Civic Scotland: nationalism by proxy?

The launch of a new civil society campaign in support of "a broader debate" about Scotland's future

Yesterday, leaders of Scottish civil society met in Edinburgh to launch a campaign aimed at promoting a wider public discussion about Scotland's political, social, economic and constitutional future. The civic Scotland coalition is made up of the Scottish Council of Voluntary Organisations (SCVO), an umbrella body for third sector bodies, the Scottish Trade Union Congress (STUC), think-tank Reform Scotland, the Scottish Youth Parliament and the National Union of Students Scotland, the Institute of Directors Scotland and representatives from various religious institutions like the Church of Scotland and the Catholic Church.

Speaking at the launch, Alison Elliot, Convener of the SCVO, expressed frustration at the way the main political parties had conducted the discussion so far: "(It has been) inadequate. The purpose of our initiative is to enable the debate about Scotland's future to make a connection currently lacking with the things which actually matter to people in this country". Although the coalition insists it is completely apolitical and holds no view on whether or not Scotland should become an independent nation-state, it also says that, over the next few months, it is going to examine alternatives to the status-quo, including devolution-plus, full fiscal autonomy and federalism. As Dave Moxham, assistant secretary of the STUC, indicated, it is highly likely that it will eventually come out in favour of multi-option referendum: "We believe that a significant proportion of (STUC) members are interested in options other than the status-quo and independence, and we believe there is space to take that debate forward."

In doing so, civic Scotland faces two substantial challenges. The first is that of running a politically neutral campaign around a highly politicised and divisive issue. The second is that of making the case for a referendum which offers voters a maximum devolution or devolution-plus option without actually endorsing any single constitutional position. In time, these balancing acts will almost certainly prove impossible to maintain.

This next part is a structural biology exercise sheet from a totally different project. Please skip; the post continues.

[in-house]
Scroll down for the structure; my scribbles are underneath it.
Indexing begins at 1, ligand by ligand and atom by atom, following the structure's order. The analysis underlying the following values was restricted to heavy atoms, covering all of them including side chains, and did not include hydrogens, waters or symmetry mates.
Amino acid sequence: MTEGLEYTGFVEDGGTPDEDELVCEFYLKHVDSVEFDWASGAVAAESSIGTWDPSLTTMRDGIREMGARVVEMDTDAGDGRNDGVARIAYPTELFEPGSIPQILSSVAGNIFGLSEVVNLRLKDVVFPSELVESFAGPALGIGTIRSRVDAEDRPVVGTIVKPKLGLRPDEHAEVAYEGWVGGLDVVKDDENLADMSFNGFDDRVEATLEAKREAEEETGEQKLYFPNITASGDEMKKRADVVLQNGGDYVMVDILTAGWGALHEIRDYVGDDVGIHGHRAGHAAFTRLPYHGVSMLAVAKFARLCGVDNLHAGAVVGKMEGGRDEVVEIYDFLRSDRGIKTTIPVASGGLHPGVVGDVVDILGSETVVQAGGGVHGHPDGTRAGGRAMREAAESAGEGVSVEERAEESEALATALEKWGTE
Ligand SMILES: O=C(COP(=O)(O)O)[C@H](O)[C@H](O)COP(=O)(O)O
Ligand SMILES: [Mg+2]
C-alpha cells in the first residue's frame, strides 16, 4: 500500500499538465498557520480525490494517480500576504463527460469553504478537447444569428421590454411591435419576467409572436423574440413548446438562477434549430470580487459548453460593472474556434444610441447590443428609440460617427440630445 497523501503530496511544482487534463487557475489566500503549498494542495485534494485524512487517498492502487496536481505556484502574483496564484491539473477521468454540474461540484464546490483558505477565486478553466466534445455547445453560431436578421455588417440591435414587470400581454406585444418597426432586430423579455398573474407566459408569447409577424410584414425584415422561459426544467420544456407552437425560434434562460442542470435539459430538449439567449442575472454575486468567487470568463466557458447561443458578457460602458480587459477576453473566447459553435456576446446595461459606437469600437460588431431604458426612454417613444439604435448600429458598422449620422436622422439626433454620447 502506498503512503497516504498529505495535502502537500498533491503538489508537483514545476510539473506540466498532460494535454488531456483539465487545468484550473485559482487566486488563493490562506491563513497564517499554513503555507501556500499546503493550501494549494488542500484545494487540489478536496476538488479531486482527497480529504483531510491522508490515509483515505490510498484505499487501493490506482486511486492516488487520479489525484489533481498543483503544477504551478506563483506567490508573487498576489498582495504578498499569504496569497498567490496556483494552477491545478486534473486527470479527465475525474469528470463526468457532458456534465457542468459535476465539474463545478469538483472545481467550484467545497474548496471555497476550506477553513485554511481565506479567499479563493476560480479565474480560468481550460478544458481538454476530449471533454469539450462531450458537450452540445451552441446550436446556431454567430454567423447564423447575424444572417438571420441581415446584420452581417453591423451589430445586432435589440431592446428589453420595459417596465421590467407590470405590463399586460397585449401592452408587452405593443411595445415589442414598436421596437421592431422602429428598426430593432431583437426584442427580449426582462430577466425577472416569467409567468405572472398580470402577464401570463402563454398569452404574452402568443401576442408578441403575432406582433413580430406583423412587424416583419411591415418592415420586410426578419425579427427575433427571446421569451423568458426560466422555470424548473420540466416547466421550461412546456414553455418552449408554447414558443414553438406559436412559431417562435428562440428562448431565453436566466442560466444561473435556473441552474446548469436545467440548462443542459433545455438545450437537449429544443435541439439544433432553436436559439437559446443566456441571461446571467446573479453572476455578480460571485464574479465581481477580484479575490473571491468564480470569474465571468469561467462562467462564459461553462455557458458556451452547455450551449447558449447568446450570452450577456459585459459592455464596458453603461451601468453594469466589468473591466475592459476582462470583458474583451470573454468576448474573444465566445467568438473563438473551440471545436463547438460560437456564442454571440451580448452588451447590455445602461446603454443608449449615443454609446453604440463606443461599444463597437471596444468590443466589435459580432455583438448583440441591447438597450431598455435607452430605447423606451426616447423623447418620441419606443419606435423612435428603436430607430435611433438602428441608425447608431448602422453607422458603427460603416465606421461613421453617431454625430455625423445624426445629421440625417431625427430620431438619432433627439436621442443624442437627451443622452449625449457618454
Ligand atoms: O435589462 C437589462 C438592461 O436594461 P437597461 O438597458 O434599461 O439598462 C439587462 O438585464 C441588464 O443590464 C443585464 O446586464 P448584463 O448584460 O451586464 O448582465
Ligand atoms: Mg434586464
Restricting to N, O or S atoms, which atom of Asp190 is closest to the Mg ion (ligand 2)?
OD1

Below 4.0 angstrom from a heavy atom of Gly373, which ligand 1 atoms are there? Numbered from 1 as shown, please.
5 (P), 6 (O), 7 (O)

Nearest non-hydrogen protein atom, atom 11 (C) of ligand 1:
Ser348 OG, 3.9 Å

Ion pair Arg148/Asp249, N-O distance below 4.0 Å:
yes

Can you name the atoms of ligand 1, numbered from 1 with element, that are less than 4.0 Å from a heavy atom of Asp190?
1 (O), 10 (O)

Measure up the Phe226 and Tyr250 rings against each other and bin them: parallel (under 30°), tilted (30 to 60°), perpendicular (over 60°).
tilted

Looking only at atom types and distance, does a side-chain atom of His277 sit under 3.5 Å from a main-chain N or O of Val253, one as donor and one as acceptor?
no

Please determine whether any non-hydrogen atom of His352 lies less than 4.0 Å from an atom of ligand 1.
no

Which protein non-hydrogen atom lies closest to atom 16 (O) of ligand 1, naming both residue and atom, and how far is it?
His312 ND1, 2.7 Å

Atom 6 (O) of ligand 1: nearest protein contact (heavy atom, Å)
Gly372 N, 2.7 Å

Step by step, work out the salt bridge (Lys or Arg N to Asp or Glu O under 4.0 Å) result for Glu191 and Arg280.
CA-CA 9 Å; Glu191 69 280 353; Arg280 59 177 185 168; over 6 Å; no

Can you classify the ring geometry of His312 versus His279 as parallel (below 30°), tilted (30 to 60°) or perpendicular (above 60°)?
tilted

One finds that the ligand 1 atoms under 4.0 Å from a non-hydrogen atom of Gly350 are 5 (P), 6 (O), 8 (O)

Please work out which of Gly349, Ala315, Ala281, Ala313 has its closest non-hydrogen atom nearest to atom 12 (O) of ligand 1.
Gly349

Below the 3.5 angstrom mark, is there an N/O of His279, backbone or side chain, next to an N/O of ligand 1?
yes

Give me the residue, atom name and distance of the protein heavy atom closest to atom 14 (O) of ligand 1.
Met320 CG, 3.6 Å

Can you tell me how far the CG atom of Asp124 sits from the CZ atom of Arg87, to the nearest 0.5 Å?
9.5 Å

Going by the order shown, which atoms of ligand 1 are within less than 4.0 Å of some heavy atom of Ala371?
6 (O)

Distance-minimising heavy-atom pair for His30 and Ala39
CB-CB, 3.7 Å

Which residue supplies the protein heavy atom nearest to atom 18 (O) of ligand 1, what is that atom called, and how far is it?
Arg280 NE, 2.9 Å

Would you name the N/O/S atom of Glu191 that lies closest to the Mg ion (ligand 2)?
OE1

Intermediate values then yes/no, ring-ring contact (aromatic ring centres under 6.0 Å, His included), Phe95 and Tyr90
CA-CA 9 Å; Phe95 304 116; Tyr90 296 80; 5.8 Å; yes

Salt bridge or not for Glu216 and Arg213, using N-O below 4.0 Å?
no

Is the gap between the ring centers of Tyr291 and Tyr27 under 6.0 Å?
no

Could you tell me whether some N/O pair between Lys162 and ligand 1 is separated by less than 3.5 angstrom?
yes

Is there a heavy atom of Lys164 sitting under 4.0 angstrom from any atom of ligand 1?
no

Take the debate over the format of the ballot paper. The UK government seems set to oppose anything other than a simple Yes/No question, while the Scottish government has repeatedly hinted at its willingness to consider a two or three option system. This makes a confrontation between Holyrood and Westminster more or less inevitable. When it occurs, civic Scotland will have to back the former, thereby strengthening nationalist claims that they are more in tune with Scottish public opinion than their Unionist rivals.

There are a couple of other reasons why the launch of the civic Scotland campaign works to the benefit of the SNP. Firstly, it exposes the awkward position Labour and the Liberal Democrats currently find themselves in with regard to the constitutional debate. Both parties appear to agree that the powers of the Scottish Parliament should be significantly increased, yet they also maintain that the referendum should consist of nothing more than a clear-cut choice between independence and the status-quo. This is completely inconsistent. If they are genuinely committed to an enhanced devolutionary settlement, they should join civil society in insisting on the chance to vote for it in 2014. Secondly, it gives Alex Salmond - arch gradualist that he is -- the mandate he needs and wants to stage a multi-option ballot. In the event voters reject independence, this would guarantee Scotland gained a high degree of fiscal autonomy in the very near future.